He is not a part of nature as the pantheists imagine. God is not in the rocks and trees and rivers. You cannot find him by looking inward to see where he is hiding. He dwells in that high and holy place into which you cannot go.
For thus says the High and Lofty One Who inhabits eternity, whose name is Holy: “I dwell in the high and holy place, with him who has a contrite and humble spirit, to revive the spirit of the humble, and to revive the heart of the contrite ones.
Not only does he dwell in the high and holy place. He also dwells with him who has a contrite and humble spirit. The one who has a contrite and humble spirit is the one who does not try to bring himself up to God but admits, in sorrow, that he does not deserve to have God as a loving Father. The humble and contrite heart knows he needs God’s mercy and doesn’t deserve it. He has seen himself in the light of God’s holy law and has seen what offends the holy God and is sorry. He knows he cannot gain the forgiveness of sins by anything he does. He can only lament his sin, bow before the holy God, confess his guilt, and humbly implore God for his undeserved mercy.
God is with those of a contrite and humble spirit to revive them, to give them new life, encouragement, joy, and comfort. The Ascension of our Lord Jesus teaches us this.
Forty days after Jesus rose from the dead he ascended into heaven. As recorded by St. Luke in the Acts of the Apostles, he was taken up and a cloud received him out of their sight. According to St. Mark, he ascended into heaven and sat down at the right hand of God. This is what we confess in the creeds.
There is much confusion about what Christ’s ascension means. It does not mean that he is absent from his Church. Jesus promised his Church, “Behold, I am with you always, even unto the end of the age.” He said, “For where two or three are gathered together in my name, there am I in the midst of them.” Christ did not ascend into heaven to be absent from his Church, but to be present with his Church until the end of time. Listen to how St. Paul describes it in his Epistle to the Ephesians:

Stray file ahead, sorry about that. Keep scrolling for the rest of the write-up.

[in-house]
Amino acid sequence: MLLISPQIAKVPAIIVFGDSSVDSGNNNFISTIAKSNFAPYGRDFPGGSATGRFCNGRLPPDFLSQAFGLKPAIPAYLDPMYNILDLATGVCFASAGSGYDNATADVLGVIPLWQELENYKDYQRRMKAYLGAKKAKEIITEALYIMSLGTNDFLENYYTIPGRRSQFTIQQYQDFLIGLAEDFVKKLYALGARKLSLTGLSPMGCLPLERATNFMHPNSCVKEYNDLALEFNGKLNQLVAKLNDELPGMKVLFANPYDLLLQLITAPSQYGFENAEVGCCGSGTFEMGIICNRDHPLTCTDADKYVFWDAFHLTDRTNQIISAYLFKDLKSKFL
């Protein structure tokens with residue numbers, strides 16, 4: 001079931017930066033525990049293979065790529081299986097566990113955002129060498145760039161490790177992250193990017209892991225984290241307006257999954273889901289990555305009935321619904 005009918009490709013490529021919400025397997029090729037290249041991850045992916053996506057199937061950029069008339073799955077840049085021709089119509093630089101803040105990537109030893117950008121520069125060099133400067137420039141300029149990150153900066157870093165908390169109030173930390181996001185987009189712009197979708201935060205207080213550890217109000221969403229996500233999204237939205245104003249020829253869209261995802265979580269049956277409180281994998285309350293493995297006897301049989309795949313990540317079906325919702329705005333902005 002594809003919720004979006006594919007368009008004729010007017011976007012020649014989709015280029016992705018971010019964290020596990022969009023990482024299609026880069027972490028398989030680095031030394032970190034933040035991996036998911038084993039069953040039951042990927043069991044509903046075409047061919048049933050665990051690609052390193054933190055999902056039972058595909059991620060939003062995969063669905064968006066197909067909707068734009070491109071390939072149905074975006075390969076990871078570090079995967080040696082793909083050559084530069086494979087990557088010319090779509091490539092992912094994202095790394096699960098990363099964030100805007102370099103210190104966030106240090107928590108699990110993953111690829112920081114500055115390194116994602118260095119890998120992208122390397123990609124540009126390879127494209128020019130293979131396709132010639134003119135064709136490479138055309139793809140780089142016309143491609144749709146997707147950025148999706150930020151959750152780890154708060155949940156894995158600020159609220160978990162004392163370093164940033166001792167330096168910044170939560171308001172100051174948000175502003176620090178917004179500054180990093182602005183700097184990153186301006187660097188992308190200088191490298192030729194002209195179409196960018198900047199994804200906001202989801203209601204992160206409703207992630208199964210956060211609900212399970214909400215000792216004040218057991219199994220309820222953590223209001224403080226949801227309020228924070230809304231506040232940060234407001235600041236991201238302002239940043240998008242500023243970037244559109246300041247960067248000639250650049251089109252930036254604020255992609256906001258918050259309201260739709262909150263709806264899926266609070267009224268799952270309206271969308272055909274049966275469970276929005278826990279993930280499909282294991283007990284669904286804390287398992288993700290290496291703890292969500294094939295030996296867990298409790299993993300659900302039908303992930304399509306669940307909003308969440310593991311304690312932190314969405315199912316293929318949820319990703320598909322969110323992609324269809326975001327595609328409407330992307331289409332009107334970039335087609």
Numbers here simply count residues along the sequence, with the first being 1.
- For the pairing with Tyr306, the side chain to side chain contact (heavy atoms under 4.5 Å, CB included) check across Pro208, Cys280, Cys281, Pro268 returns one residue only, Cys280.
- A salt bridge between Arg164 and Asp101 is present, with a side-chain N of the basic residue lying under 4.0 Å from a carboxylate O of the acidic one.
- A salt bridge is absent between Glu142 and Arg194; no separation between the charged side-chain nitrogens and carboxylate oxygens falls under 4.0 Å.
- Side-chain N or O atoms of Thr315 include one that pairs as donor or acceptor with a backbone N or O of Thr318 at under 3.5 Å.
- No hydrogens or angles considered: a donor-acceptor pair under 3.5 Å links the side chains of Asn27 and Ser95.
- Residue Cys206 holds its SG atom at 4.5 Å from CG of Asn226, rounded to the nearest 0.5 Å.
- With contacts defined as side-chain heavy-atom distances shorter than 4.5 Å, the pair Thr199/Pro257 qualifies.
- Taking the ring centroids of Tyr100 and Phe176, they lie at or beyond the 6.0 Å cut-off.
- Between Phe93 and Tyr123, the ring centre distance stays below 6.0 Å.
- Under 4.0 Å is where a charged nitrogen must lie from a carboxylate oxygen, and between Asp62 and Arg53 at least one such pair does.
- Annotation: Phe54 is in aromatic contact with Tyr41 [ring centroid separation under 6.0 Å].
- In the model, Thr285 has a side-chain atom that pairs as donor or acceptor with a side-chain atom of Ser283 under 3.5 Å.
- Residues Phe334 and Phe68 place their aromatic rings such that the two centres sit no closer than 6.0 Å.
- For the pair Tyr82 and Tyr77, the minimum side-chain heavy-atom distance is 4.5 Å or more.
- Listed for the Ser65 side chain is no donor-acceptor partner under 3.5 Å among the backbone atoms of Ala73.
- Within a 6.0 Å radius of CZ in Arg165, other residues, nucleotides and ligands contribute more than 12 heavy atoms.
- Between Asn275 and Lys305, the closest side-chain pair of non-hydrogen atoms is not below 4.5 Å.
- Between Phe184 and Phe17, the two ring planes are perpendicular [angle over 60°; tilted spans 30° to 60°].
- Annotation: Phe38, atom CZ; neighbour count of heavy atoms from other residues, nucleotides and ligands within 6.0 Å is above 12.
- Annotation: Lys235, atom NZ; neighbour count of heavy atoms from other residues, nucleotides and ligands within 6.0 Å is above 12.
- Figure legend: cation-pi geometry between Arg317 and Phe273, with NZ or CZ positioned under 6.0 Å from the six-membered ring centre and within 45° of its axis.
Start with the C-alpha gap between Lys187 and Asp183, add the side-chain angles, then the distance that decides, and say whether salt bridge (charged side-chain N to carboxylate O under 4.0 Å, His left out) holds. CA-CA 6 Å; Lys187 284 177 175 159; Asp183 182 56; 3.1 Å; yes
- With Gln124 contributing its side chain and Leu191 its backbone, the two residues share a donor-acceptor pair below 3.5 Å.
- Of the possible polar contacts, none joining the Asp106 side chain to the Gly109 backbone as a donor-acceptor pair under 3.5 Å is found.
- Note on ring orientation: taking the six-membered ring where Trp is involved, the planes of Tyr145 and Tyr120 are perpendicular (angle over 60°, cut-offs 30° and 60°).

He raised him from the dead and seated him at his right hand in the heavenly places, far above all principality and power and might and dominion, and every name that is named, not only in this age but also in that which is to come. And he put all things under his feet, and gave him to be head over all things to the church, which is his body, the fullness of him who fills all in all. (Ephesians 1:20-23)
Christ’s ascension to the right hand of God does not confine him to a place far away from us. He fills all in all. He rules over all. He claims all power in heaven and on earth. He who has all authority in heaven and on earth exercises that authority for our benefit. That’s what Christ’s ascension into heaven means.
Christ’s ascension into heaven is the triumph of the human race over all evil in this world. Consider what ails humanity. Consider what ails you. What must you suffer? What might threaten you? What do you have to fear? This man who is enthroned in triumph over sin, death, and hell has won your victory for you. Every time he speaks to you his gospel, absolving you of your sins, he sets you beside him in glory and gives you a glimpse of what is in store for you in heaven. Every time you eat his body and drink his blood God seals to you what that body and blood have won. They have won victory over all the powers of evil that might hurt you because they have taken away your sins. Christ’s coronation as King of kings and Lord of lords is your own personal victory over every enemy that would hurt you in any way.